Hosemann meets with local DeSoto County leaders

Prior to Thursday’s Reagan Day Dinner with DeSoto County Republicans, the DeSoto County Council of Economic Development’s Government Relations Committee met with visiting state officials and Cong. Trent Kelly for an update on legislation affecting the county

State Sens Kevin Blackwell and Dr. David Parker, and State Representative Hester Jackson-McCray, all met with the committee, as did Kelly, Lt. Governor Delbert Hosemann, and State Treasurer David McRae.

Lieutenant Governor Delbert Hosemann (official photo)

Hosemann also met separately with county and city leaders during afternoon meetings on specific local issues, including the Horn Lake Creek Sewer Interceptor District. The legislature for this session was passed and sent to Governor Tate Reeves House Bill 1353which, among other things, provides $10 million for infrastructure for the district.

Meanwhile, Horn Lake and Southaven officials have been trying to get Memphis to continue treating the cities’ sewage by the end of the current deal in 2023. Memphis, meanwhile, has approached in federal court to save himself from being forced to sue for Mississippi sewage treatment. the end date of the agreement.

Hosemann said building a system for Horn Lake and Southaven could end up being the answer.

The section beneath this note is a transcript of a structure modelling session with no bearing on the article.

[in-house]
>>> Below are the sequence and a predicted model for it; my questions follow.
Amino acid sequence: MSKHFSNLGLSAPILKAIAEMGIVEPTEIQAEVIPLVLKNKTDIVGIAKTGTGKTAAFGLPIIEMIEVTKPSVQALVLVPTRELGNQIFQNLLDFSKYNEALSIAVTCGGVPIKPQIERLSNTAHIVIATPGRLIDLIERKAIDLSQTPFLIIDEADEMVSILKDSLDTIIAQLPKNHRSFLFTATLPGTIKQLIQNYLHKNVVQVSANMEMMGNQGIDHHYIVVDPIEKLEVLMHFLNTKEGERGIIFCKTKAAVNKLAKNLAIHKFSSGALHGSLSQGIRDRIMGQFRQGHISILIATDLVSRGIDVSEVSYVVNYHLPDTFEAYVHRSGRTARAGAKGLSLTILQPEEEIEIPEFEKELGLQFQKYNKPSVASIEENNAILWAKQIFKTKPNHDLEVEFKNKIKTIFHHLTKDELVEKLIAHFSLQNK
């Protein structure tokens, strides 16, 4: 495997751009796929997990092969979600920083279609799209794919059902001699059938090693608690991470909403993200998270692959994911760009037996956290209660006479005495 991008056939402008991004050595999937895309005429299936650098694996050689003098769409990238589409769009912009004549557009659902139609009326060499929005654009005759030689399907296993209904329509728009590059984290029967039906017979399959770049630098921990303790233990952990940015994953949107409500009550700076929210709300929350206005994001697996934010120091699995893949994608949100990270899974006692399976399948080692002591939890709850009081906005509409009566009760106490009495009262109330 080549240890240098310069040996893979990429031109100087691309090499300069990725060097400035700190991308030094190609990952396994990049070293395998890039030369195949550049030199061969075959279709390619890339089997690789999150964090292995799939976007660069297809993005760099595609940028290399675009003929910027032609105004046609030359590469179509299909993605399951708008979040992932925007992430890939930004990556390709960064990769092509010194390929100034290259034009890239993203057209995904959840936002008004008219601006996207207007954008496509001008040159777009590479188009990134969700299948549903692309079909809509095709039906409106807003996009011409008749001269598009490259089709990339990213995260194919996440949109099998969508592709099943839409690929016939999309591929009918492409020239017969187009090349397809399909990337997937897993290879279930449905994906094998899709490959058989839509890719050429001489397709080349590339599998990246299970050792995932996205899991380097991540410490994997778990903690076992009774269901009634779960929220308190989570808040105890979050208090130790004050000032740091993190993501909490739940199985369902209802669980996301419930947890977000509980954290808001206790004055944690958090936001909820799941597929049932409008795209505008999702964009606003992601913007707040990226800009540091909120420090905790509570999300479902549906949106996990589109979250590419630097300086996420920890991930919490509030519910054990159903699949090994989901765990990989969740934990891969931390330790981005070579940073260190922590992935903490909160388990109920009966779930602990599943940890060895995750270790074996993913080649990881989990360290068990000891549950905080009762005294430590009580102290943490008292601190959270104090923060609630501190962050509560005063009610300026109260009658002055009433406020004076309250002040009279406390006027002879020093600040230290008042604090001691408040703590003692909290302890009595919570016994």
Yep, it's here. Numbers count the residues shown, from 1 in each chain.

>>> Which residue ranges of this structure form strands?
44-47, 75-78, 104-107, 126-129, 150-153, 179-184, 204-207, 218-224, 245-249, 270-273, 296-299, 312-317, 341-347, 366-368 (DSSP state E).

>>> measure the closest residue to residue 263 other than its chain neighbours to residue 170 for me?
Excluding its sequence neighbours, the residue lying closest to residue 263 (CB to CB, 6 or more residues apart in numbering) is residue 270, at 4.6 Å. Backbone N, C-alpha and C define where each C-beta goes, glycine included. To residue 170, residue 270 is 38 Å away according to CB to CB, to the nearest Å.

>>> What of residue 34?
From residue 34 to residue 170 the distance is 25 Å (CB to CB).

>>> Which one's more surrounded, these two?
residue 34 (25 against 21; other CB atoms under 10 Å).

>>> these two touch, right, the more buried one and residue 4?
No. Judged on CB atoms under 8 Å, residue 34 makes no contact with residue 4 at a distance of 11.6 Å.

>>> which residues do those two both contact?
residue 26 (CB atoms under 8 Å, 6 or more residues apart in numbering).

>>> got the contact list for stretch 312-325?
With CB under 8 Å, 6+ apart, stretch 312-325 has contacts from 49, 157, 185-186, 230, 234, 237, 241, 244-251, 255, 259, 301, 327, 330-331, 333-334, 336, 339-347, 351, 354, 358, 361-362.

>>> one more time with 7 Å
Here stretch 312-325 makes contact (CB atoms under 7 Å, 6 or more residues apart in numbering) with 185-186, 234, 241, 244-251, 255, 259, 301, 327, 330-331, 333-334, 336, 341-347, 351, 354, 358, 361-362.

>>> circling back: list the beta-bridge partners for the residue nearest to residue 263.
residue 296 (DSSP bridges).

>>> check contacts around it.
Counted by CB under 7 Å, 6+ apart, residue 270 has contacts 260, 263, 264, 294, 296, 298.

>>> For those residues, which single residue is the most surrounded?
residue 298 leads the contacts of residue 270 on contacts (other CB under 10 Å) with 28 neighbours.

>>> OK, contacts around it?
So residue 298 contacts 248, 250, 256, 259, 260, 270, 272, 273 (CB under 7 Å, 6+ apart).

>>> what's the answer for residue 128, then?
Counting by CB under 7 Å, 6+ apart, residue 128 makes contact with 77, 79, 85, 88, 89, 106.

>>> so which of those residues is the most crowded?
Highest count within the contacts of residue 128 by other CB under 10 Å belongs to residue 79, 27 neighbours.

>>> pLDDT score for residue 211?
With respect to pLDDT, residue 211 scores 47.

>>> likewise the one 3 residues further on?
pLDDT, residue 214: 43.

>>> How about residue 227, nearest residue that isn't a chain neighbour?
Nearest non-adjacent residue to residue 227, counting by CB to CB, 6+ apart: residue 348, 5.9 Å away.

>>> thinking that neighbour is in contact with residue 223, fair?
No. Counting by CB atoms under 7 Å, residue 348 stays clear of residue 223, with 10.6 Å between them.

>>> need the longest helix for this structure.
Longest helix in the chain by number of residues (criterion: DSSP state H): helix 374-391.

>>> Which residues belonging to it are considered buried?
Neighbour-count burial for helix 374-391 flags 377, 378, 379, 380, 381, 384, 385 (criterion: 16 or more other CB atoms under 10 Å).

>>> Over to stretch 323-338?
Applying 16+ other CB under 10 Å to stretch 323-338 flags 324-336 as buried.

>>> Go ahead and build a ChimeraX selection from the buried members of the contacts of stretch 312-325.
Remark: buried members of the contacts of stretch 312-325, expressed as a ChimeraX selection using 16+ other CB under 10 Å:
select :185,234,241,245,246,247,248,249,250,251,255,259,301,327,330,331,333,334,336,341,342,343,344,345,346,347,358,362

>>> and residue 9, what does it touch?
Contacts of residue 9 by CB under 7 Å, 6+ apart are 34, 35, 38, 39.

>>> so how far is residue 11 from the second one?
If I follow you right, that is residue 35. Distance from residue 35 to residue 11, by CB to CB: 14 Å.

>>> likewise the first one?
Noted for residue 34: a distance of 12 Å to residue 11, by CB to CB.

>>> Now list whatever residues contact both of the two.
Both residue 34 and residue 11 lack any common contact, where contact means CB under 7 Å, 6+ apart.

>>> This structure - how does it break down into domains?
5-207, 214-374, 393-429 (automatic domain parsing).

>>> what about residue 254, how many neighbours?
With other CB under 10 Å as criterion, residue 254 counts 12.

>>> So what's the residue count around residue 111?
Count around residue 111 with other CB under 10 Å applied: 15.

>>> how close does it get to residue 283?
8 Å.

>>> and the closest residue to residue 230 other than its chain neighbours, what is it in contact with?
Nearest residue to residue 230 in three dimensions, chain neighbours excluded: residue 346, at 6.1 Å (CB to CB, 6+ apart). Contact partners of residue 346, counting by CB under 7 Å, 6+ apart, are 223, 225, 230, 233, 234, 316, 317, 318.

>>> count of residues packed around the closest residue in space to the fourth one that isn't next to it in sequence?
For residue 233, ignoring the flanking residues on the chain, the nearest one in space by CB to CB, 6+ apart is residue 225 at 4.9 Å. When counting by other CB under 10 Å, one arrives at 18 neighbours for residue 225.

Horn Lake Creek Interceptor Sewer District infrastructure legislation provided the most money from a session that has been highly productive for DeSoto County, which Hosemann says is a “growing economic hub.” for Mississippi.

“No other county has received this kind of money,” Hosemann said. “The interceptor sewer project was the most important. It is in dispute. We don’t know what the outcome will be and it would put us in danger here. It’s not a risk I’m willing to take, so we specifically allocated that money to DeSoto County this year.

DeSoto County-related bills that passed the state Legislature this session would provide $750,000 for infrastructure improvements on Pleasant Hill Road from Goodman Road to Stateline Road in Olive Branch; $500,000 to pay for costs associated with infrastructure improvements at the Oak Grove-Highway 51 intersection in Hernando; and $270,000 each to pay for traffic signal costs at two intersections: Airways and Guthrie Drive in Southaven and Byhalia Road and Highway 305 in Lewisburg.

“We recognize DeSoto County as a huge economic developer for the state,” Hosemann said.

The 2022 session also saw the passage of four local and private bills for each town in DeSoto County. Southaven and Horn Lake have extended repeals of Southaven’s “Penny for the Parks” Restaurant Tax and Horn Lake Local Tax on stays in town accommodations. Olive Branch and Hernando can now set election dates for a vote on their tax proposals.

One program that topped the Legislature and spearheaded by Parker was the MFLEX program, a flexible economic development tax incentive for new and expanding businesses with 10 or more employees and a capital investment of $2.5 million. The tax incentive is based on performance, not on promises.

“I think this is going to be a big help for small and medium-sized businesses,” Hosemann said. “I think it’s going to be a game-changer for the next 5-10 years.”

Hosemann said the MFLEX tax incentive differs from others because it is easy to calculate and transparently communicated to the public.

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